Wednesday, March 2, 2011
#51 Charles Mingus-Ah Um
Artist: Charles Mingus
Album: Ah Um
Dear lord, how I've been slacking. Let's get March going as we approach the half-way mark with one of the finest albums from one of jazz's grandest figures, Charles Mingus. By 1959, he had established himself as one of the most important figures in modern jazz, having spent his early career working with the likes of Louis Armstrong and Max Roach, by the mid-1950s, he was releasing superb albums of his own. As they evolved, some jazz purists questioned the liveliness of the music he made, and early in 1959 he made Blues And Roots, as an effort to combat critics who said he didn't "swing" enough. Mingus Ah Um would go even further to show the history of jazz, and it covers all possible elements.
Ah Um really is a history lesson. "Goodbye Pork Pie Hat" is an elegy for Lester Young, a soft song for one of the smoothest tenors to ever play. He also pays tribute to Charlie Parker in "Bird Calls," and Duke Ellington and Jelly Roll Morton's namesakes are also name-dropped in song title. It really paints an autobiographical picture of the album, as people who were clearly vital influences on Mingus's life are paid direct tribute to. Another obvious important part of Mingus's life is race relations, and in "Fables of Faubus," he takes to task Senator Orval Faubus of Arkansas for his anti-integration stance. Though the lyrics are censored on this version, Charles Mingus Presents Charles Mingus features them in full. But even without the lyrics, the song has a powerful punch.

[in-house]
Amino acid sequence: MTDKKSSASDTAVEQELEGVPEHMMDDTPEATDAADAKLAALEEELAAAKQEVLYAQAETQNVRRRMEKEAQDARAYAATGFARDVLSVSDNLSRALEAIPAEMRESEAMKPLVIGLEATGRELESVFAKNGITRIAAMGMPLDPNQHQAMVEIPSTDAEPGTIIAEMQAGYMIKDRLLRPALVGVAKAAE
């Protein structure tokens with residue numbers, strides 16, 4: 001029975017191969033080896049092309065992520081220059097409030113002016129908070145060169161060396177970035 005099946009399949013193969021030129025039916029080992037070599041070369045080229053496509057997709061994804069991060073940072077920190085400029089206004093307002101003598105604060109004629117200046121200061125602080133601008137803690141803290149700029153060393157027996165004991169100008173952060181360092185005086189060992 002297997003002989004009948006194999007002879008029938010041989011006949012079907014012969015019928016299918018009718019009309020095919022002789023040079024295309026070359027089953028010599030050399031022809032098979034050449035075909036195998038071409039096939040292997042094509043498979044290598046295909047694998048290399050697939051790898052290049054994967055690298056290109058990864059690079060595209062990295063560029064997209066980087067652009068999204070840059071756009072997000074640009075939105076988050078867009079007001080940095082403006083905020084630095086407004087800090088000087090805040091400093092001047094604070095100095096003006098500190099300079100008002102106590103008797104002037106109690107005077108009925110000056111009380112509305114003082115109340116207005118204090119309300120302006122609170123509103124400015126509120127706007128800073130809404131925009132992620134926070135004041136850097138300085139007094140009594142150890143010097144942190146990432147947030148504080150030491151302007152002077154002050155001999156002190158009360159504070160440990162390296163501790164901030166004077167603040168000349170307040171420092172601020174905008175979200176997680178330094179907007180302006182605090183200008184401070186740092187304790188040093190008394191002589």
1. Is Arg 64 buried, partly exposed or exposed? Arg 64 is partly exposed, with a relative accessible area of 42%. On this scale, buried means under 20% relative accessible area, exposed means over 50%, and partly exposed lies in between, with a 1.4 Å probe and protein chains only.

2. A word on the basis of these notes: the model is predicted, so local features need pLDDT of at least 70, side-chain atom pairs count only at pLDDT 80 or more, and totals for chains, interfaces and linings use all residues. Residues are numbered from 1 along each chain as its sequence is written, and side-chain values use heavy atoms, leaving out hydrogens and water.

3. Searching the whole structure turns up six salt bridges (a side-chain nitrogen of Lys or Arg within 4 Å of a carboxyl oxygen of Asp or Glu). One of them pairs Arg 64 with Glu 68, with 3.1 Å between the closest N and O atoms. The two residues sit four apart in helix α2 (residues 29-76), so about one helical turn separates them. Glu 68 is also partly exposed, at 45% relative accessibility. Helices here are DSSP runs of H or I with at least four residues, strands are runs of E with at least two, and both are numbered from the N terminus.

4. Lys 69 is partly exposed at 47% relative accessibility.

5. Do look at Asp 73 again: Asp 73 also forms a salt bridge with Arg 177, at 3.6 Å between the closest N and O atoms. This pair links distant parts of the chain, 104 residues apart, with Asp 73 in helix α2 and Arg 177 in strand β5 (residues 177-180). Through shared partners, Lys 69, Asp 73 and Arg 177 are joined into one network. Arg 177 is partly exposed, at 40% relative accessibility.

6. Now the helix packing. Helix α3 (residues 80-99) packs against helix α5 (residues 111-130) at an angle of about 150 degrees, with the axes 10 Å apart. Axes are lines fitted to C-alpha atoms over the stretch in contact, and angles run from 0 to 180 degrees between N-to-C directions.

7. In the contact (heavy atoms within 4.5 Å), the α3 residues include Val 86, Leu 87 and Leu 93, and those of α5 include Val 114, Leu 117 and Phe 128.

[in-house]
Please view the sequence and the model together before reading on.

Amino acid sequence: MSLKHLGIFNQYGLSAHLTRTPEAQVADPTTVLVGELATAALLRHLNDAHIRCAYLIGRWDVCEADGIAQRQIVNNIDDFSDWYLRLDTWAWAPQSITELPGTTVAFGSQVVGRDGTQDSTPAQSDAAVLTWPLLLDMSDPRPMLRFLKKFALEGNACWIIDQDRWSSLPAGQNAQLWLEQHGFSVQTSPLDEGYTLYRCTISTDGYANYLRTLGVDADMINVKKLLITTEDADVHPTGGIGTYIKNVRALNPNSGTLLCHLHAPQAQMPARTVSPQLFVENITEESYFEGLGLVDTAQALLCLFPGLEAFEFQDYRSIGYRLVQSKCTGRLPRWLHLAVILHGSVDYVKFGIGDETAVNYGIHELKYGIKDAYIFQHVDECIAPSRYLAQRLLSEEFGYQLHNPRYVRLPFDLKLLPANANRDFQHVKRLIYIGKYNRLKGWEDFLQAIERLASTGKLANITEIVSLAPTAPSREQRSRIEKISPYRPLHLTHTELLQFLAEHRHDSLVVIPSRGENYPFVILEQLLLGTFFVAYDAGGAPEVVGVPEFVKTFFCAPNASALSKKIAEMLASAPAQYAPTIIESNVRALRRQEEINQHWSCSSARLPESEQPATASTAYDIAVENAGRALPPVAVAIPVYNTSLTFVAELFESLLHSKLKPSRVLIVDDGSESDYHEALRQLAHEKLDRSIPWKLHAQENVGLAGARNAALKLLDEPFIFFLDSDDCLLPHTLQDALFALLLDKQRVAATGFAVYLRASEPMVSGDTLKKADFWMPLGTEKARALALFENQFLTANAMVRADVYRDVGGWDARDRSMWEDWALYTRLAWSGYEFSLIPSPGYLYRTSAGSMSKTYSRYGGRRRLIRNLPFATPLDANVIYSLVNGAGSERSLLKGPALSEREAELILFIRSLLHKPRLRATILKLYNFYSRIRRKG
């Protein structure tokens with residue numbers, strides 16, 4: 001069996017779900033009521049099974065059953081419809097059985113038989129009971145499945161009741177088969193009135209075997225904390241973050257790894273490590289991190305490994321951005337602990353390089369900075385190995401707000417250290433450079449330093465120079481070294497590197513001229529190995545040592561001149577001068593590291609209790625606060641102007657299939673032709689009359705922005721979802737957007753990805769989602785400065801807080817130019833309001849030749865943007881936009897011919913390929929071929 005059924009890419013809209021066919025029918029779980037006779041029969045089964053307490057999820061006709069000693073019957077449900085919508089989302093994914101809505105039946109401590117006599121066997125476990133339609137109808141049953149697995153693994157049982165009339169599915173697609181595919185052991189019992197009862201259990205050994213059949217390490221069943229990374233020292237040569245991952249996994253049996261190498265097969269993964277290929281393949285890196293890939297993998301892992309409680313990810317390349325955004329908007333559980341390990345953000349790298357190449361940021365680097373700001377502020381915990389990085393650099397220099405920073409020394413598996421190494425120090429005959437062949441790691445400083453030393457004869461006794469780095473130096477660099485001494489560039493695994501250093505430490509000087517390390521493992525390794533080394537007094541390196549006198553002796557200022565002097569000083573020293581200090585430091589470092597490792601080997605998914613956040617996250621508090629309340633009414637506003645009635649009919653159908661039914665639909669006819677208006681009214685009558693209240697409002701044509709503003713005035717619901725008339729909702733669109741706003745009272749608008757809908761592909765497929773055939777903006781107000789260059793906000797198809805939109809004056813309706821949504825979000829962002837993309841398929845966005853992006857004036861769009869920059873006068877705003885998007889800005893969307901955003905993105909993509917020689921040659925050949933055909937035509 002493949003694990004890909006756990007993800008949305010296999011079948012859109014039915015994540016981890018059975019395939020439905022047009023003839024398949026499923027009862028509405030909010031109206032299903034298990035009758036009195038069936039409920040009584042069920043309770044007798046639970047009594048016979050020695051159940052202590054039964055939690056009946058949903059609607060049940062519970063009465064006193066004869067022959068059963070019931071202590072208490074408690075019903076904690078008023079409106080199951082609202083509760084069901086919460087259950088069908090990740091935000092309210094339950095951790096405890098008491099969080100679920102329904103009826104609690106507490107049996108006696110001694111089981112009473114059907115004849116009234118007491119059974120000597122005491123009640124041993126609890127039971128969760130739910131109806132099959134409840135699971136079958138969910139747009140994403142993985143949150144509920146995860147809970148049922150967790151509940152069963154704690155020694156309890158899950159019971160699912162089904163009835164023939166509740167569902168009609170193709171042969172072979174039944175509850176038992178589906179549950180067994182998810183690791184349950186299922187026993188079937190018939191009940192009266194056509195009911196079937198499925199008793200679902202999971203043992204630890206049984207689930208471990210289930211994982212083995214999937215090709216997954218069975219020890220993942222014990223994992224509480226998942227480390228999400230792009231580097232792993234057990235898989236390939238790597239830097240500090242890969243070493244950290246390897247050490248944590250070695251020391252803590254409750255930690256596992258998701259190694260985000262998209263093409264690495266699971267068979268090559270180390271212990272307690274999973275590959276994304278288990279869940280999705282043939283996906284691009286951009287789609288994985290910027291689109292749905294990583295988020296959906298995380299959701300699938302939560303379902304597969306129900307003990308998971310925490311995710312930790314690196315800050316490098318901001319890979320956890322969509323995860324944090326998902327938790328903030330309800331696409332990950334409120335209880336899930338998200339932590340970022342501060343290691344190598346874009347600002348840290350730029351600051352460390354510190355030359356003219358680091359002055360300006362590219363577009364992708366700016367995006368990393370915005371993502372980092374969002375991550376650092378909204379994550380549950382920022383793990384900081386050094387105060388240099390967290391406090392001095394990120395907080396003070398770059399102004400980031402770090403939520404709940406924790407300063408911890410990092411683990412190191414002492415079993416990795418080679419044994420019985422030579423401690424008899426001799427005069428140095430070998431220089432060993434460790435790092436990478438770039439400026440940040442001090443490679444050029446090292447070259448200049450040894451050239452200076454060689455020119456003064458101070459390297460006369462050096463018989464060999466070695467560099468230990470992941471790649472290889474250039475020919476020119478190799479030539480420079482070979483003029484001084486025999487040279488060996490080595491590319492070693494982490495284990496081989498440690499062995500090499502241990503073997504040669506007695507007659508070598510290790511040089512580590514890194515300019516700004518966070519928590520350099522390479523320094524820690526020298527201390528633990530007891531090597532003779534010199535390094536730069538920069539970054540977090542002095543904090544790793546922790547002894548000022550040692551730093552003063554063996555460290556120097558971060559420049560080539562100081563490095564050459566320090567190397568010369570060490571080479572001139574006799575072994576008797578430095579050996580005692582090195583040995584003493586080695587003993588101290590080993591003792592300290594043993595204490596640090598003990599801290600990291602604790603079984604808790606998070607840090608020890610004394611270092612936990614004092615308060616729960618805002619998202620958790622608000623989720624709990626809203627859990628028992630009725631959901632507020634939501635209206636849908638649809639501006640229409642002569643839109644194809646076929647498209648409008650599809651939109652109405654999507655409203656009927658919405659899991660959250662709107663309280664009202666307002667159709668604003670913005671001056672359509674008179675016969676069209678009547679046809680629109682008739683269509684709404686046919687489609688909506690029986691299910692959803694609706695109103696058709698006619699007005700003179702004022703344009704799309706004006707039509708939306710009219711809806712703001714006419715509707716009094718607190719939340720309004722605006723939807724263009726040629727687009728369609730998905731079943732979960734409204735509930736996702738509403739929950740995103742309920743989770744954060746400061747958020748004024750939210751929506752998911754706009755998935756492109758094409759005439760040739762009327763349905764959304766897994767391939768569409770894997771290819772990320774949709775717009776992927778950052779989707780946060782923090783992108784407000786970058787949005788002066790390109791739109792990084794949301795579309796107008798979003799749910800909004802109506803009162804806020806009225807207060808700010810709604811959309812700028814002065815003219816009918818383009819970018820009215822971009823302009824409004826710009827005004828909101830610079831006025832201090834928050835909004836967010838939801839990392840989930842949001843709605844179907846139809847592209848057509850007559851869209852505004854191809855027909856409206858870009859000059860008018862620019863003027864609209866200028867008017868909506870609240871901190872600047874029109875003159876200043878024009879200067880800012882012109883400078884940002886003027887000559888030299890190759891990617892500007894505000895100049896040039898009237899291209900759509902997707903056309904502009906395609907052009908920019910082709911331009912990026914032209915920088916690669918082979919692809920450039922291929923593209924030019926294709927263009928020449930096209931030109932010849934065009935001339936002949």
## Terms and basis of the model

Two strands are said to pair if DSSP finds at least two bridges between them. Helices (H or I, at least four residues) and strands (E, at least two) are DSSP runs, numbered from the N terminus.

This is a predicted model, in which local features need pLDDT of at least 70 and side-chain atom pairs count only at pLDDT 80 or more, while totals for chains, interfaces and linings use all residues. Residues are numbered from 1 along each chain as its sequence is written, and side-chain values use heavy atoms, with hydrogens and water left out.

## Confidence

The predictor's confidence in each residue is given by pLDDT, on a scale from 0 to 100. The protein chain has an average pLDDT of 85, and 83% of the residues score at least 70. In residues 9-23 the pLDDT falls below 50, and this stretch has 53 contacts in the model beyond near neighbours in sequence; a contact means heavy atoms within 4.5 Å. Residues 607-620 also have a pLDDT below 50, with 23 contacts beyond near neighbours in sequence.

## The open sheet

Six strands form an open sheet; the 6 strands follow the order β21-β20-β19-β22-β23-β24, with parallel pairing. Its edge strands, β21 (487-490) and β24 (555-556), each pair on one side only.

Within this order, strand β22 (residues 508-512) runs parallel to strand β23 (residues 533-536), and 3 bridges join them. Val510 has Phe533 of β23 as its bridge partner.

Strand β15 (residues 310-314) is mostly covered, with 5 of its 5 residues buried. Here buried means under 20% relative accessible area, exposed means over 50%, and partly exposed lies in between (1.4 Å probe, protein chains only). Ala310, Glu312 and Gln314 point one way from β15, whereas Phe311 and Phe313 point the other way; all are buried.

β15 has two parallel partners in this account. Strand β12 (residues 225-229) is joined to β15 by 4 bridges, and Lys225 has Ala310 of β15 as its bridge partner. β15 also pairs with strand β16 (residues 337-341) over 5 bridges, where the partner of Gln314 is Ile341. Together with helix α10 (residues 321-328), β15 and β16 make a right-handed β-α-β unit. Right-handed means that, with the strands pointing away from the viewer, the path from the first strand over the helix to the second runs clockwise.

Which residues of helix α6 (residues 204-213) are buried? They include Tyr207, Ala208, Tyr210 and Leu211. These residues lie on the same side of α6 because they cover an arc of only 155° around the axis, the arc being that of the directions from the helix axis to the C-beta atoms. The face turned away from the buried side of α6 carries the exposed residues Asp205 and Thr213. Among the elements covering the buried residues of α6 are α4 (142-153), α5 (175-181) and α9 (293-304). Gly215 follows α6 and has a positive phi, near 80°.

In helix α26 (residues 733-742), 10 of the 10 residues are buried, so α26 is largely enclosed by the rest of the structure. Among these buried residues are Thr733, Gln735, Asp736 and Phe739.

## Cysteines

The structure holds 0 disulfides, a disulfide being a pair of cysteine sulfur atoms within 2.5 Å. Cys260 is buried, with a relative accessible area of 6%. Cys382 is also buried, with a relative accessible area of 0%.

While all of this context is crucial to the album's greatness, it is also one of Mingus's most stylistically diverse. There are some slower, ballad type songs, as well as songs with lots and lots of space. For someone who has so much power in his songs, his subtle approach in songs like "Self-Portrait In Three Colors" and "Pussy Cat Dues" is impressive. And of course, it still features one of his most epic tracks, as Mingus albums tend to open up with. "Better Get It In Your Soul" does what many of his best numbers do: start with a beast of a melody, play themselves out, and return triumphantly and bigger than ever. While the form isn't necessarily unique, Mingus's melodies are often some of the most memorable and wonderful in all of jazz.
1959 was a rather critical year for jazz. Miles Davis recorded Kind Of Blue. Max Roach was on the verge of creating some of his most wonderful music, and bop was on the rise once again. Leave it to Mingus to not only help lead the way for a new generation of bandleaders, but to ensure that none of them forget where they came from.